Don’t Play Yourself: Being Honest about Action, Productivity & Effectiveness
No one likes a liar. But yet we all lie. Everyone knows the infinite reasons why no one likes a liar. But yet we even lie to ourselves. We may not admit it but it’s true.
Ok, I’ll go first: Hi, my name is Nia and I used to lie to myself all the time. I was so good at lying to myself that I didn’t even realize I was doing it. My lies of choice were about productivity. I’ve been lie free for over a year now, but I’m still discovering and disproving past lies everyday.
A few years ago, I had a heart-to-heart, mind-to-mind and soul-to-soul conversation with myself. Yes, it was that deep. I confessed what I had been doing and was honest about the results of my actions and how they made me feel. Eventually I got comfortable enough with my truth that I was able to share my story with friends and family. In doing so, I learned that I wasn’t the only person lying to themselves. I was told that the less harsh way to describe lying to ourselves is called “playing ourselves.”
Before I adopted this phrase, the logical analyst within me wanted to have a clear definition of it so I could explain it to other people. So I went were all intellectuals go: urbandictionary.com. To my surprise, the curse word free definition of “playing yourself” was as perfectly clever as most slang is. The phrase means to “Screw things up for yourself. Let yourself down. Betray yourself by acting in a way that’s opposite to your own interests or (conscious) intentions.”
We play ourselves the most when it comes to action, productivity and effectiveness. We all see and many of us read lots of articles on productivity. We buy products that are intended to increase our ability to live productive lives. This seems like a great idea, which is why we do it, but that’s all we do. We merely read the articles and books or attend the conferences and webinars. Short of talking about it, we never really do anything to take action, increase our productivity, or become extremely effective. We essentially show up and stop there.
SHOWING UP IS NOT REAL ACTION
I’ve heard that 80% of success is showing up. That’s a wonderful thought, but you don’t get credit for showing up. At least not from successful people. Being congratulated for showing up is essentially a way to make you feel good. It doesn’t mean anything. People “show up” to life every day and do nothing meaningful everyday. And the worst part of this reality is that many people don’t even know they are only showing up.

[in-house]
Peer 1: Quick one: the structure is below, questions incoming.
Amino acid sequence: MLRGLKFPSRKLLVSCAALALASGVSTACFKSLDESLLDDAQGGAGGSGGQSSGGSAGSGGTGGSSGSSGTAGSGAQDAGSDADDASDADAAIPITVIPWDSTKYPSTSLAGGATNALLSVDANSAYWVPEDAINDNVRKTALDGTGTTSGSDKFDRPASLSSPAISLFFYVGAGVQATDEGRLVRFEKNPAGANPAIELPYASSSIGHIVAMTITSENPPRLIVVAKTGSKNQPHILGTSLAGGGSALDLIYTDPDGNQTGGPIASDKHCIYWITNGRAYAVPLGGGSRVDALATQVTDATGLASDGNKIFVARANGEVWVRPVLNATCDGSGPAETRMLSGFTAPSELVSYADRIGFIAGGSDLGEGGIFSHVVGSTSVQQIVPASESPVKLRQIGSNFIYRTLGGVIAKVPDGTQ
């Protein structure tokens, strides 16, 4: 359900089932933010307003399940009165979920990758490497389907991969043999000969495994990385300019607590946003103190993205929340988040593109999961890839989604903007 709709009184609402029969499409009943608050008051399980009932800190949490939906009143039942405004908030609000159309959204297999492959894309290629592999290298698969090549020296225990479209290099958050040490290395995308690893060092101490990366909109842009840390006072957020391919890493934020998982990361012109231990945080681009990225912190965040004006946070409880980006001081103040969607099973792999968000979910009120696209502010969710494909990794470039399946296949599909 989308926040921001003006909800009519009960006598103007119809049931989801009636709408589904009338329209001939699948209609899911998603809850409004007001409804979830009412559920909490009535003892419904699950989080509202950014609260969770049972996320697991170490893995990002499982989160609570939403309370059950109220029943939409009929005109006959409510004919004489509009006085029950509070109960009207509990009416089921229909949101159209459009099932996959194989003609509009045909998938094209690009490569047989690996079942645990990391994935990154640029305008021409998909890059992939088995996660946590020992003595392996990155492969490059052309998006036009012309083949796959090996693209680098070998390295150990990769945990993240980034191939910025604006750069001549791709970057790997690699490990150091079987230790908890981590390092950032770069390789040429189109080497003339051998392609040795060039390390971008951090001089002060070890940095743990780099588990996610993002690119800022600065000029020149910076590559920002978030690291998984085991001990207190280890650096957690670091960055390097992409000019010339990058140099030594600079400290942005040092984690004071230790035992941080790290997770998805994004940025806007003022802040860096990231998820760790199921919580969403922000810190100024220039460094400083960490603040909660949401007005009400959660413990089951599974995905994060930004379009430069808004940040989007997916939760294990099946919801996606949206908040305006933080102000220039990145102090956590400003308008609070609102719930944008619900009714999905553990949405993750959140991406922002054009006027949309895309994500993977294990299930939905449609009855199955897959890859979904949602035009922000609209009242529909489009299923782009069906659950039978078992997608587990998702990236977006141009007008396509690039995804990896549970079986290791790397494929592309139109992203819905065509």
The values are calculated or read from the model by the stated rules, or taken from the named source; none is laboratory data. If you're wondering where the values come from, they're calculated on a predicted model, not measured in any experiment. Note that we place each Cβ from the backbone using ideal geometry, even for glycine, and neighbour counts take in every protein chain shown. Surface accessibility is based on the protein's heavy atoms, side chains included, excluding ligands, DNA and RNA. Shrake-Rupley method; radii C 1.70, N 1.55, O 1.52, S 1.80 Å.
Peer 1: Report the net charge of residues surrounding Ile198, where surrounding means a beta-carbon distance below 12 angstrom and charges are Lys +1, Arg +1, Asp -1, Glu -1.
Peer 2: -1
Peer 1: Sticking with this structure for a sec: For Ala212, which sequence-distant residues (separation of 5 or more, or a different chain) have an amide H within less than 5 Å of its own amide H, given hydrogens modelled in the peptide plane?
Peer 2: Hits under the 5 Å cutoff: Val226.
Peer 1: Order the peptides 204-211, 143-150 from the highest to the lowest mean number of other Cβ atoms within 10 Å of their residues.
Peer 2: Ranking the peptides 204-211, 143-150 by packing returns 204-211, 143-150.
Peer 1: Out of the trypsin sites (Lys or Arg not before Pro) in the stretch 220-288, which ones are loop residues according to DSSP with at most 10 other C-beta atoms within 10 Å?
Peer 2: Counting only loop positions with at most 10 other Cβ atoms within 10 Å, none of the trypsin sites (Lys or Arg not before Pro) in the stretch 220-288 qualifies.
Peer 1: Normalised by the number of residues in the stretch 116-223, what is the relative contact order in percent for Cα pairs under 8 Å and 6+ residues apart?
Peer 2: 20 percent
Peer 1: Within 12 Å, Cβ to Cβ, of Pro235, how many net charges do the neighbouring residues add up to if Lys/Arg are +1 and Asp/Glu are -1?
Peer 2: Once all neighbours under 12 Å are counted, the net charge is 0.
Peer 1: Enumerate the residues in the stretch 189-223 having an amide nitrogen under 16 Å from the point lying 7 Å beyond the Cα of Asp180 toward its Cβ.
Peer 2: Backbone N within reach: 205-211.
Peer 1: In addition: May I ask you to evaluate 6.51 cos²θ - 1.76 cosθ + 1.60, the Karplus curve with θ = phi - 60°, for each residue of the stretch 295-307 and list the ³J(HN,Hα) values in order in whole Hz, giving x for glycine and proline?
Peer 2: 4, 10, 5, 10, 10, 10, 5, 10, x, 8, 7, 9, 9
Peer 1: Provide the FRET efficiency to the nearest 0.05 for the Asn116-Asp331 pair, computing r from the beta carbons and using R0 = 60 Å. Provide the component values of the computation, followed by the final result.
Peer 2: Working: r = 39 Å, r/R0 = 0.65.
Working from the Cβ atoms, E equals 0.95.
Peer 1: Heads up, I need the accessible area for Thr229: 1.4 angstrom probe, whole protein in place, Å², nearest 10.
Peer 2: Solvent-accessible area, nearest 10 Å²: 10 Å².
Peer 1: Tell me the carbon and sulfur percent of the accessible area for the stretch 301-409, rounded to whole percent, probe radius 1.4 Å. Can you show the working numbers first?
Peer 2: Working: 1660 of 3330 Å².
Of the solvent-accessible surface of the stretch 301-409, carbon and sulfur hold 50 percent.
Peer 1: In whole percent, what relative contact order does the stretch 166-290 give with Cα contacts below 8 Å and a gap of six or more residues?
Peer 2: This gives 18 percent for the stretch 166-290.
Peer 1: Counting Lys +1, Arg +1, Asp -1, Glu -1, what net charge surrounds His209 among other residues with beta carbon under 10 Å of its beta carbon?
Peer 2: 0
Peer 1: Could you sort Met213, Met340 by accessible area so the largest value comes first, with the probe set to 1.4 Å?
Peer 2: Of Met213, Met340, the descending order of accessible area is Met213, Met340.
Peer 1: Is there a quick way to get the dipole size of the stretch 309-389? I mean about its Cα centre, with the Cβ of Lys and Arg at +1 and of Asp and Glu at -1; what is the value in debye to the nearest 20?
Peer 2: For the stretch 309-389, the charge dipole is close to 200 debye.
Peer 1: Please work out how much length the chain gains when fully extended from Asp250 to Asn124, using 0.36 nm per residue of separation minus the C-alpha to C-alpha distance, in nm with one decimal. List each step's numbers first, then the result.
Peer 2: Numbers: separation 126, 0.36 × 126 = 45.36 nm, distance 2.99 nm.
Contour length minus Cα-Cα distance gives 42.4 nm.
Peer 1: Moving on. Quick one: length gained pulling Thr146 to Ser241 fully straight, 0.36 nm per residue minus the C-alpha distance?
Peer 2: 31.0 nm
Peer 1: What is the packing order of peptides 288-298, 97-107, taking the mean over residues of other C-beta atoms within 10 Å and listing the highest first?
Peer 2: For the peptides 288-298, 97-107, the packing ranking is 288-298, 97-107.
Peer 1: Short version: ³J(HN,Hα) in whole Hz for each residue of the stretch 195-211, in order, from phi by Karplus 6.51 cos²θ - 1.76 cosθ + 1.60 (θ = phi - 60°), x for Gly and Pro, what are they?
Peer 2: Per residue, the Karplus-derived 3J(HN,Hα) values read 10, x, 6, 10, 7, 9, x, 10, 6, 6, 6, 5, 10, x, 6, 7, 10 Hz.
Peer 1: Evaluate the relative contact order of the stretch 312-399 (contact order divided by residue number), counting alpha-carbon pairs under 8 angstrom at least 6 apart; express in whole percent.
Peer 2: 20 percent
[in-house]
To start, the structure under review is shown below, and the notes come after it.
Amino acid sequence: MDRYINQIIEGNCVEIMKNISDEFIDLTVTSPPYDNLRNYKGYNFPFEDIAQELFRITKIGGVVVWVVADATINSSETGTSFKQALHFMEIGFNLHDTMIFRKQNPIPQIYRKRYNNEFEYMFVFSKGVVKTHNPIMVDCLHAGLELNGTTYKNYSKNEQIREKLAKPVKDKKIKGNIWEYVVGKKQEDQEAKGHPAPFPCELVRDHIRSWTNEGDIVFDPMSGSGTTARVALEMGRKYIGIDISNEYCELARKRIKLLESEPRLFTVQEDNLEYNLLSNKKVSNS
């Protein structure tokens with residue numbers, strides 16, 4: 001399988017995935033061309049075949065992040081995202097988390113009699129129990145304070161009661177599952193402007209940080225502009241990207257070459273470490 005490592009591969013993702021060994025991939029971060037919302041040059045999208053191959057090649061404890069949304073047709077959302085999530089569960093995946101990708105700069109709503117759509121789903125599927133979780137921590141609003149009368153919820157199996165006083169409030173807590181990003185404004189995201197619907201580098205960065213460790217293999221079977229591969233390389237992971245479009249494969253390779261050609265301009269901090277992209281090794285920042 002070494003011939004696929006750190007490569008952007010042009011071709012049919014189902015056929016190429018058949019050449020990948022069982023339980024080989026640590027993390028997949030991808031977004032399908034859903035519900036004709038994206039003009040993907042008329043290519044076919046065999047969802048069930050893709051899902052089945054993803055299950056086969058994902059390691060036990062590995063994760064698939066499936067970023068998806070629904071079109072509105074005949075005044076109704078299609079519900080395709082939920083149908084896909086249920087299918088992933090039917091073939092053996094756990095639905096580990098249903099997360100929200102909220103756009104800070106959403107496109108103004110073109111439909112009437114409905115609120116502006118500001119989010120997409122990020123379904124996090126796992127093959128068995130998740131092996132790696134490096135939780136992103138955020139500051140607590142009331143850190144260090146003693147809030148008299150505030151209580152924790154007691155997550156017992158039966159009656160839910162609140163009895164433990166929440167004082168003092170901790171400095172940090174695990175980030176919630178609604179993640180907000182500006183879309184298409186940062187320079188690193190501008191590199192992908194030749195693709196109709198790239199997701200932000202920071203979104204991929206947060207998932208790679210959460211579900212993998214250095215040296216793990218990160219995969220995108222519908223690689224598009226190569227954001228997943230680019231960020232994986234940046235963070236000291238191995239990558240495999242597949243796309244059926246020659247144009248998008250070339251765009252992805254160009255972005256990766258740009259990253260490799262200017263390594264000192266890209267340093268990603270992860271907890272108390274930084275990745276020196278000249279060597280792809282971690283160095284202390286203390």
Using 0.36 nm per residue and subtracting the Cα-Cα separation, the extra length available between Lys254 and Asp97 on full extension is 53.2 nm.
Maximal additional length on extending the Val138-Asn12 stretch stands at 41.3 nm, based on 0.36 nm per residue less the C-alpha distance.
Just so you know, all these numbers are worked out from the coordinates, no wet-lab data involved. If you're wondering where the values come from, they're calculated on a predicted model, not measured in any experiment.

Are you getting a lot of tasks done but seeing no results?
Do you find that you don’t have time to do things that would create the life you desire because you’re busy with everything else?
Have you ever felt like Jessie Spano in that Saved by the Bell episode where she got addicted to caffeine pills?
If your answer to any of these questions is yes, maybe, or sometimes then you are totally just showing up. Real action is the only thing you get credit for. Real action is the action that contributes something and doesn’t just take away. It’s the action that moves the needle, shifts the trajectory of your journey, or crystallizes your thoughts. Real action is an obvious but misunderstood prerequisite to success.
WE HAVE TO CHANGE OUR MINDSET
Once we’ve shown up (80% of success) many of us also have to change our mindset to be successful. I like to think of changing your mindset as changing your perspective. Finding a new way or angle to look at obstacles you need to overcome. At a recent boot camp on building real estate businesses, I learned that changing your mindset accounts for 70% of the remaining 20% of what it takes to be successful. By my calculations that means that 14% of our total success effort has to go to changing our mindset.
WE STILL HAVE TO DO THE WORK
Nonetheless, success requires that you do the work (6%). Doing the work is where your effectiveness is tested. I think effectiveness and success are two sides of the same coin. They are the same in substance but differ in perspective. The recipient of your work is the best determinant of the effectiveness of your work. But you are the best determinant of whether your work equals success.
The best news is that once you’ve changed your mindset, all the work that seemed impossible when you were lying to yourself is magically possible. This is true not only because you’re being honest with yourself now, but also because you see things clearly now. You understand your truth, your abilities, and your desires. Being clear on this is what makes successful people willing to do the insanely hard work that it takes to become successful.
Did you find this piece helpful? If so, please follow me and hit the recommend (heart) button so other people can enjoy it also. I’d love to hear if anyone else realized they were playing themselves, so leave a comment. (My gut tells me I’m not the only one…)